“Power, as human beings exercise power, to me means the ability to change: the ability to change oneself, the ability to change one’s community. And the positive use of power is transformation of self and community toward a high ideal, toward a healed world.” This quote by Katherine Jefferts Schori speaks to the topic we are exploring this month of personal power and to the needs of the world today.
Of Irish ancestry, Katherine Jefferts Schori was born in Pensacola to Keith Jefferts and his wife Elaine Ryan. Jefferts Schori was first raised in the Roman Catholic Church. In 1963, her parents brought her, at the age of eight, into the Episcopal Church (St. Andrew’s Episcopal Church, New Providence, New Jersey) with their own move out of Roman Catholicism. Her mother converted to Eastern Orthodoxy a few years later and died in 1998. She attended school in New Jersey, then earned a Bachelor of Science degree in biology from Stanford University in 1974, a Master of Science degree in oceanography in 1977, and a Doctor of Philosophy degree in 1983, also in oceanography, from Oregon State University. She is an instrument-rated pilot. Both her parents were pilots. She married Richard Schori, an Oregon State professor of topology, in 1979. Their daughter Katharine is a captain and pilot in the United States Air Force, continuing the family tradition.
Jefferts Schori earned her Master of Divinity in 1994 from the Church Divinity School of the Pacific and was ordained priest that year. She served as assistant rector at the Church of the Good Samaritan, in Corvallis, Oregon, where she had special responsibility for pastoring the Hispanic community as a fluent Spanish communicator, and was in charge of adult education programs. In 2001, Jefferts Schori was elected and consecrated Bishop of Nevada. The Church Divinity School of the Pacific gave her an honorary Doctor of Divinity in 2001. Seabury-Western Theological Seminary in Evanston, Illinois awarded her an honorary degree in 2007, as did The University of the South in Sewanee, Tennessee the following year. (Most Episcopal seminaries award an honorary doctorate to alumni who become bishops.)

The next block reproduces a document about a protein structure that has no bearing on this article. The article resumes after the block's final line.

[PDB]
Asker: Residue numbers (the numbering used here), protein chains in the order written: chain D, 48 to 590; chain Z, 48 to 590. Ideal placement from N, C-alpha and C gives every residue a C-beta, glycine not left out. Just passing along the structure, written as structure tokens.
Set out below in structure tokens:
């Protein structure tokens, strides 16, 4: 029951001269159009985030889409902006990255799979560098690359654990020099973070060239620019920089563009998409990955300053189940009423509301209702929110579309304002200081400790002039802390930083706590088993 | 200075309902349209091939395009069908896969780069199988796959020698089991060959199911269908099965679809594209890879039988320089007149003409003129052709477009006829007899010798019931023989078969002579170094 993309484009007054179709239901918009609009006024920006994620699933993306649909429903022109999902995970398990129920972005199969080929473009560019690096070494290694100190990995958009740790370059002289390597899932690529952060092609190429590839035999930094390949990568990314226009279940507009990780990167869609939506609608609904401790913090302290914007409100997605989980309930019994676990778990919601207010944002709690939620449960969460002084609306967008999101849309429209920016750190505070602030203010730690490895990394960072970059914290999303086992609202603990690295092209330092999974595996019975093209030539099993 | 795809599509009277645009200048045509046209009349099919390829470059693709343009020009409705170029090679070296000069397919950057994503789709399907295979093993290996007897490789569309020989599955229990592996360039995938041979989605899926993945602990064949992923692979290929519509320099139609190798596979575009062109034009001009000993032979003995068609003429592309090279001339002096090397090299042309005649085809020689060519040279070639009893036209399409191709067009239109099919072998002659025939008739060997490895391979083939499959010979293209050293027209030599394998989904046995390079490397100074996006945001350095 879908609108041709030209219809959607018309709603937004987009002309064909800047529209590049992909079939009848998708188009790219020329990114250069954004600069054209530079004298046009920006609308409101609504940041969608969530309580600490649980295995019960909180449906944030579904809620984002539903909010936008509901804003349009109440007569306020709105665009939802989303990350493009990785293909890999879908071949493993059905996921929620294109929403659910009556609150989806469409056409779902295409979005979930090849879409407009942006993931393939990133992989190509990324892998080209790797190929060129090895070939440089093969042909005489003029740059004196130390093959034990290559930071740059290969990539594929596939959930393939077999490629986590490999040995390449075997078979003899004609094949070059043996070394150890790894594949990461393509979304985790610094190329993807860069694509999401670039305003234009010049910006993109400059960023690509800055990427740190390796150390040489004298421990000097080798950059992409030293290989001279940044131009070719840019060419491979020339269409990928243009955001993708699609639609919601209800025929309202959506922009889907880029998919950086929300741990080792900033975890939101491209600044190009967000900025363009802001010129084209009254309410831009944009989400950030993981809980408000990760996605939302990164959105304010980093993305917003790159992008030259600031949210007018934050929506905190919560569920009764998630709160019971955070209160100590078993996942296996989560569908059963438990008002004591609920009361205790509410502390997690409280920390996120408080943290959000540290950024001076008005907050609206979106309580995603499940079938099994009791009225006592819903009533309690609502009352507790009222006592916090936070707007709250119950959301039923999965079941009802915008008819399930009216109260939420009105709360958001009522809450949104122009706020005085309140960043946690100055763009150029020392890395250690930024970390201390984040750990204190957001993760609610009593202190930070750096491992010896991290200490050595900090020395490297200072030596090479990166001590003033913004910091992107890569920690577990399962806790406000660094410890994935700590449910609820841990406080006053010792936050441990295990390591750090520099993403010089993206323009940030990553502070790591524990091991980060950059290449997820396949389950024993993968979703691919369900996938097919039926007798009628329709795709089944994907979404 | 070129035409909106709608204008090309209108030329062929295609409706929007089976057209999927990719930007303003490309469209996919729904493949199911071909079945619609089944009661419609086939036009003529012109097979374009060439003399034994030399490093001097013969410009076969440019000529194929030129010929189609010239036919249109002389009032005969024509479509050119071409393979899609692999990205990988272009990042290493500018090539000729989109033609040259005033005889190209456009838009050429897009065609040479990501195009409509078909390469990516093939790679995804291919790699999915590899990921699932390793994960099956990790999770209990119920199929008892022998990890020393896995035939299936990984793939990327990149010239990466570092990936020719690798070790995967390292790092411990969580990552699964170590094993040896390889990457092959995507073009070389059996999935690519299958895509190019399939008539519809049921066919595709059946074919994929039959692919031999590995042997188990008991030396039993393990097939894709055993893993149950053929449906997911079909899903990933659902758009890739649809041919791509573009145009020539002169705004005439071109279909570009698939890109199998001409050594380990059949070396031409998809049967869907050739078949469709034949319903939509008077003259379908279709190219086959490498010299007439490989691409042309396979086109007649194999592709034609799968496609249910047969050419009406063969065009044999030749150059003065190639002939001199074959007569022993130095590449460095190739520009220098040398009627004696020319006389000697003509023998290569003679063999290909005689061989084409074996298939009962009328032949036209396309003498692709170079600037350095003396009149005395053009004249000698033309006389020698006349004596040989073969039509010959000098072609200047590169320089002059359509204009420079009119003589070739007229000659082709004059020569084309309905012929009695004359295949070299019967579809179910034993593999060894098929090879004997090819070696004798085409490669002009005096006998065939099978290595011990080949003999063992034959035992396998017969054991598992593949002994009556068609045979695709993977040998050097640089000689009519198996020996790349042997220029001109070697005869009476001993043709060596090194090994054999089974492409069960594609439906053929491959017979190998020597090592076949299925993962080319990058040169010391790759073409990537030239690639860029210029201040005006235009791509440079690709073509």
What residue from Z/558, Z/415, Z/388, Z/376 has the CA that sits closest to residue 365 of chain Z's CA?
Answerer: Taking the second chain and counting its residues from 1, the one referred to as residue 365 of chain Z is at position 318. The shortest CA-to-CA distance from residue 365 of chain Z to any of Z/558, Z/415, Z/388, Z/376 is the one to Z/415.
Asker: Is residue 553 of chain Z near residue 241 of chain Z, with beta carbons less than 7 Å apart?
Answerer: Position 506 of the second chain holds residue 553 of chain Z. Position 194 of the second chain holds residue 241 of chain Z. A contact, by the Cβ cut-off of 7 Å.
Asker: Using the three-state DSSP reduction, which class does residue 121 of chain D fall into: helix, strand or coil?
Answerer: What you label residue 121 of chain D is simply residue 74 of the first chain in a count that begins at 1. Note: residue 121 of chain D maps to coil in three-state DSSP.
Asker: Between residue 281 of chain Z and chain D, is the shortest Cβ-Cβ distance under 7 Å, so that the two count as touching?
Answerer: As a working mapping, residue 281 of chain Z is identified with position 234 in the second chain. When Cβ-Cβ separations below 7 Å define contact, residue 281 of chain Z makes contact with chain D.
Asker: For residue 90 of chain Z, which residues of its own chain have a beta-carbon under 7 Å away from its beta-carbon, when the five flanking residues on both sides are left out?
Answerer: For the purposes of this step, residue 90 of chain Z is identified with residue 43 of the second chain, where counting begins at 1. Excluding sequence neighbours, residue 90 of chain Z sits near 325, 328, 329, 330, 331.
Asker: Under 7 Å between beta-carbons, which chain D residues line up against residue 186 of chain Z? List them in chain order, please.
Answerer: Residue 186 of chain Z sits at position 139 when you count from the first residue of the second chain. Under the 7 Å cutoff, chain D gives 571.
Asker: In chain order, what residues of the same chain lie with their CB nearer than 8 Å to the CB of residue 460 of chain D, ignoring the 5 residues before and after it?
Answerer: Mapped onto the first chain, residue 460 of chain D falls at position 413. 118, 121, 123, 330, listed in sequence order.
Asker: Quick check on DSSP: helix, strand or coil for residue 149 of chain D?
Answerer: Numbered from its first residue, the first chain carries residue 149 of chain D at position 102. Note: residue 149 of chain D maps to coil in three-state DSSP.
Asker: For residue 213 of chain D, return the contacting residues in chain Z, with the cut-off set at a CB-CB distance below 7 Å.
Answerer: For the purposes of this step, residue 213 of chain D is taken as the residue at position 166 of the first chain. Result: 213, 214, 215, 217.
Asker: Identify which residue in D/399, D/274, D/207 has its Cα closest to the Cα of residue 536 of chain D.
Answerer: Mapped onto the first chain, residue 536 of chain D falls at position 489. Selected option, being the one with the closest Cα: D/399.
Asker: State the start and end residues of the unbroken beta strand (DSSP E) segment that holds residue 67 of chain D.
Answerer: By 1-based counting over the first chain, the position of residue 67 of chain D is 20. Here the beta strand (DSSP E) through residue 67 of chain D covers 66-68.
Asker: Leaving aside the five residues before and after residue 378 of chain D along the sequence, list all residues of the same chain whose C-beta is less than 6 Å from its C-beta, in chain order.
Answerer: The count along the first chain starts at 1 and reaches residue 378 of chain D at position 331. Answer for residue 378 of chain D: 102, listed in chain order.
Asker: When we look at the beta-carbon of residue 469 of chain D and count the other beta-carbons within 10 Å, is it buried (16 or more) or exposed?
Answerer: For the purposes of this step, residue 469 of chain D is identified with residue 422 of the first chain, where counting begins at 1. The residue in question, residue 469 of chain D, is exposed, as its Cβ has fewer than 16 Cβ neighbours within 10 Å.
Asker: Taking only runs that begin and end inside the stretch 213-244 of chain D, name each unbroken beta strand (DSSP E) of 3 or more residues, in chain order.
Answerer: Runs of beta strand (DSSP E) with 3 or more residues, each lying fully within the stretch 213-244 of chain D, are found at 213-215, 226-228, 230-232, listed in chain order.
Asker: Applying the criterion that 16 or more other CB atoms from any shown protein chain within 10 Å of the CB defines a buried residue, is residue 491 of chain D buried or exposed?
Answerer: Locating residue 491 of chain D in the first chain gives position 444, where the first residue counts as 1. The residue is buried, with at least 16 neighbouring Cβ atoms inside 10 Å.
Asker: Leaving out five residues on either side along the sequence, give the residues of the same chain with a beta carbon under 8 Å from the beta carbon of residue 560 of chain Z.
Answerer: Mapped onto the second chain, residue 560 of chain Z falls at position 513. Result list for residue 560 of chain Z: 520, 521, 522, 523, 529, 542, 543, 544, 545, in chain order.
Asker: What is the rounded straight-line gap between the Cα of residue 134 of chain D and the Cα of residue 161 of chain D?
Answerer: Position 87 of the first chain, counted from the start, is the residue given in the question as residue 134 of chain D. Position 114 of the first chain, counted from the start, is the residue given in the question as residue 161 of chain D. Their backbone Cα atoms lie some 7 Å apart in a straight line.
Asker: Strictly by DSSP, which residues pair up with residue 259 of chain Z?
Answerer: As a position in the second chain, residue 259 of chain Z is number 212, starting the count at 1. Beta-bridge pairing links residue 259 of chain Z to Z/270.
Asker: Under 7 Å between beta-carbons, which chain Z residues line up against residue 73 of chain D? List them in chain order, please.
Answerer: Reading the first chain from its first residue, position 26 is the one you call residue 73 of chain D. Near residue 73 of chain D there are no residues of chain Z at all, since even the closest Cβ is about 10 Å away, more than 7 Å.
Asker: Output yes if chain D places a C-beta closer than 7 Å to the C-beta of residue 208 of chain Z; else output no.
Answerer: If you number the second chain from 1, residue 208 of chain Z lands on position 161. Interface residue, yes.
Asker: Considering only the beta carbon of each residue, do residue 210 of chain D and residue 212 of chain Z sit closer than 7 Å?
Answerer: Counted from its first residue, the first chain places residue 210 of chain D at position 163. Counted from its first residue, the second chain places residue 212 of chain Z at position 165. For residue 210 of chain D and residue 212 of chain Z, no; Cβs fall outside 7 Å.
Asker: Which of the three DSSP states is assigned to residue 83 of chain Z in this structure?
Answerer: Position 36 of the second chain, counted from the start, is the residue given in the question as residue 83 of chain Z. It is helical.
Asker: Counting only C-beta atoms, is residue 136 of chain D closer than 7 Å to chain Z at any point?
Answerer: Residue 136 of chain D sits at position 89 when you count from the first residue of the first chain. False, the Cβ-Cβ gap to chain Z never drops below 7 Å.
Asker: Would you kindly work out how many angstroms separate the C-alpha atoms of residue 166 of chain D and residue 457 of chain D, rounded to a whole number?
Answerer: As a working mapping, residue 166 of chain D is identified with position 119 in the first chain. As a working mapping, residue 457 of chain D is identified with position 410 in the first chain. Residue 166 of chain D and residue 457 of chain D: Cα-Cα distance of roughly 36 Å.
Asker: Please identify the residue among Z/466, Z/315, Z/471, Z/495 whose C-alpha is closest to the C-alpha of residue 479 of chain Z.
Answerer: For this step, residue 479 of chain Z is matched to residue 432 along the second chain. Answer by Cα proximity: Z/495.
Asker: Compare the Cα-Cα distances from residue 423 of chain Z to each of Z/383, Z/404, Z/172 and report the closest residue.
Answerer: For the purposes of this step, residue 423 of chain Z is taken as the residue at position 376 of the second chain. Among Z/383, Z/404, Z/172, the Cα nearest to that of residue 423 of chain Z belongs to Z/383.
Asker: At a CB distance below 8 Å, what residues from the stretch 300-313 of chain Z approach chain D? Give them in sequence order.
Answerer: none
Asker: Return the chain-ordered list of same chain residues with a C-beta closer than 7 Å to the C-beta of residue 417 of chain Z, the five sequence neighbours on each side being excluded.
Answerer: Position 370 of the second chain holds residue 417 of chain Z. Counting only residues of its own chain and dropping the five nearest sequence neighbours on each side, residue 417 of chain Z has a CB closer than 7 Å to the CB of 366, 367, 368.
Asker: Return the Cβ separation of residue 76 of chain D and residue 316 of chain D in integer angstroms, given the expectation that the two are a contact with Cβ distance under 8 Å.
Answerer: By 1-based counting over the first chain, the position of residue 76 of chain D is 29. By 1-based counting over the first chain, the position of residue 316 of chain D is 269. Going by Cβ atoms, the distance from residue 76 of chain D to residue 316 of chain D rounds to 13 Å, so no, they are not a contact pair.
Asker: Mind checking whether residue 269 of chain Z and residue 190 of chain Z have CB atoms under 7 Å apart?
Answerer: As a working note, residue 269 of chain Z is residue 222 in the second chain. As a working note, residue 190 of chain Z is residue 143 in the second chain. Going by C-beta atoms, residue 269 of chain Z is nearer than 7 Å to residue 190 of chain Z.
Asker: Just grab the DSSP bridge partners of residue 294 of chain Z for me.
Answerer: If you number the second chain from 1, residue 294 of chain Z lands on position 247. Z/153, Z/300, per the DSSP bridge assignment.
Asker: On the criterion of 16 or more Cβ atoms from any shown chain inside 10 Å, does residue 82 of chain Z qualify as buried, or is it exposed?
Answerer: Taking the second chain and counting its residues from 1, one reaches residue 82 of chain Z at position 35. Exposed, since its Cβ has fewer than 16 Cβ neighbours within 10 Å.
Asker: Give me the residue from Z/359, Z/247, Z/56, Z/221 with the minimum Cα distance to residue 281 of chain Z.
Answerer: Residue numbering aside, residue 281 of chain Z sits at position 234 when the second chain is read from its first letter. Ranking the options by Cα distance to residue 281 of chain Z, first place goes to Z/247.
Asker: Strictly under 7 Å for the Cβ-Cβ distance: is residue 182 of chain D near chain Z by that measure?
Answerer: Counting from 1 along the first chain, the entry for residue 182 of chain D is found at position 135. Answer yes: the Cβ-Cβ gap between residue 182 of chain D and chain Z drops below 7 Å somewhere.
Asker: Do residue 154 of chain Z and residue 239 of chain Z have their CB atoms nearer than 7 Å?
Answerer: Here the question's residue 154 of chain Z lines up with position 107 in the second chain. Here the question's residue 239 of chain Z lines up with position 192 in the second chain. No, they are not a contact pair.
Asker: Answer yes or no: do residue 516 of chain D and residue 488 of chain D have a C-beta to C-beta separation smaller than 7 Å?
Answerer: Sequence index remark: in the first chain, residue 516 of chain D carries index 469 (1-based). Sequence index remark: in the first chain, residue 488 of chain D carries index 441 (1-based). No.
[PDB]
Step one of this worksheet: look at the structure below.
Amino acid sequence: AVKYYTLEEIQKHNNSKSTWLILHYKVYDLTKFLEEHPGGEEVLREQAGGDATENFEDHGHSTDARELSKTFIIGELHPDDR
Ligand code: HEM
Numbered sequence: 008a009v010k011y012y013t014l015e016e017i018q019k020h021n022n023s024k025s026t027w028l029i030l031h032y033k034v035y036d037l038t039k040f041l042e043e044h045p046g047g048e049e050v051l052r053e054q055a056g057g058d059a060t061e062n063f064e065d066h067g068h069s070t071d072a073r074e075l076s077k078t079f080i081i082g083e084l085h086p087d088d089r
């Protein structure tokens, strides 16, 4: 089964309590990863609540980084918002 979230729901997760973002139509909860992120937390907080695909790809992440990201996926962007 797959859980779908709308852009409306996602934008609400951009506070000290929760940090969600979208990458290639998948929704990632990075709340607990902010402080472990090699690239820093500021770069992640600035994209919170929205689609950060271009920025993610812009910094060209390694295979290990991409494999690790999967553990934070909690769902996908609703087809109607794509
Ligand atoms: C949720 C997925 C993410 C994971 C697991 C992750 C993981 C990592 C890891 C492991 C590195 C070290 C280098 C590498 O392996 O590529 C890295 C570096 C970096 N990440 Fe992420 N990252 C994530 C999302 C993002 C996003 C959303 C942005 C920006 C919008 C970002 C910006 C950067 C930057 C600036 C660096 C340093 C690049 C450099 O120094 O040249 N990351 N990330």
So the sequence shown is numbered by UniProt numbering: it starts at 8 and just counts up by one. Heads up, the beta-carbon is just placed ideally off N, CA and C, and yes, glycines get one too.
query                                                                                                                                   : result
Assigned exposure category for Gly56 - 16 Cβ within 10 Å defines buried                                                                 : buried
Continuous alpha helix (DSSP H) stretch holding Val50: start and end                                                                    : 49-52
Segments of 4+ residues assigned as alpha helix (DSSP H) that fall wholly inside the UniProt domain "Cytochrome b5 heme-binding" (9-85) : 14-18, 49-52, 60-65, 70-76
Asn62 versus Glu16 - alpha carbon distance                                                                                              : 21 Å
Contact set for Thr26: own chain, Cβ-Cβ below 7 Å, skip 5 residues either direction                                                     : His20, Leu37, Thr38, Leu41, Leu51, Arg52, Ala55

The Episcopal Church met in General Convention in Columbus, Ohio, in June 2006. Bishop Jefferts Schori was elected to serve a nine-year term as Presiding Bishop by the House of Bishops, on June 18, from among seven nominees on the fifth ballot with 95 of the 188 votes cast. The House of Deputies, consisting of deacons, priests and laity, overwhelmingly approved the House of Bishops’ election later that day. She was the first woman primate in the worldwide Anglican Communion and the 26th Presiding Bishop of the Episcopal Church as well as the 963rd bishop of the Episcopal Church.
For the past thirty years, Presiding Bishops have traditionally served a fifteen year term, presiding over three General Conventions which are held every three years. Jefferts Schori announced on September 23, 2014, that she would not seek another term as Presiding Bishop. On June 27, 2015, the General Convention elected Bishop Michael Curry of North Carolina as the 27th Presiding Bishop of the Episcopal Church. In 2017, Bishop Katherine began serving as assisting bishop in the Episcopal Diocese of San Diego.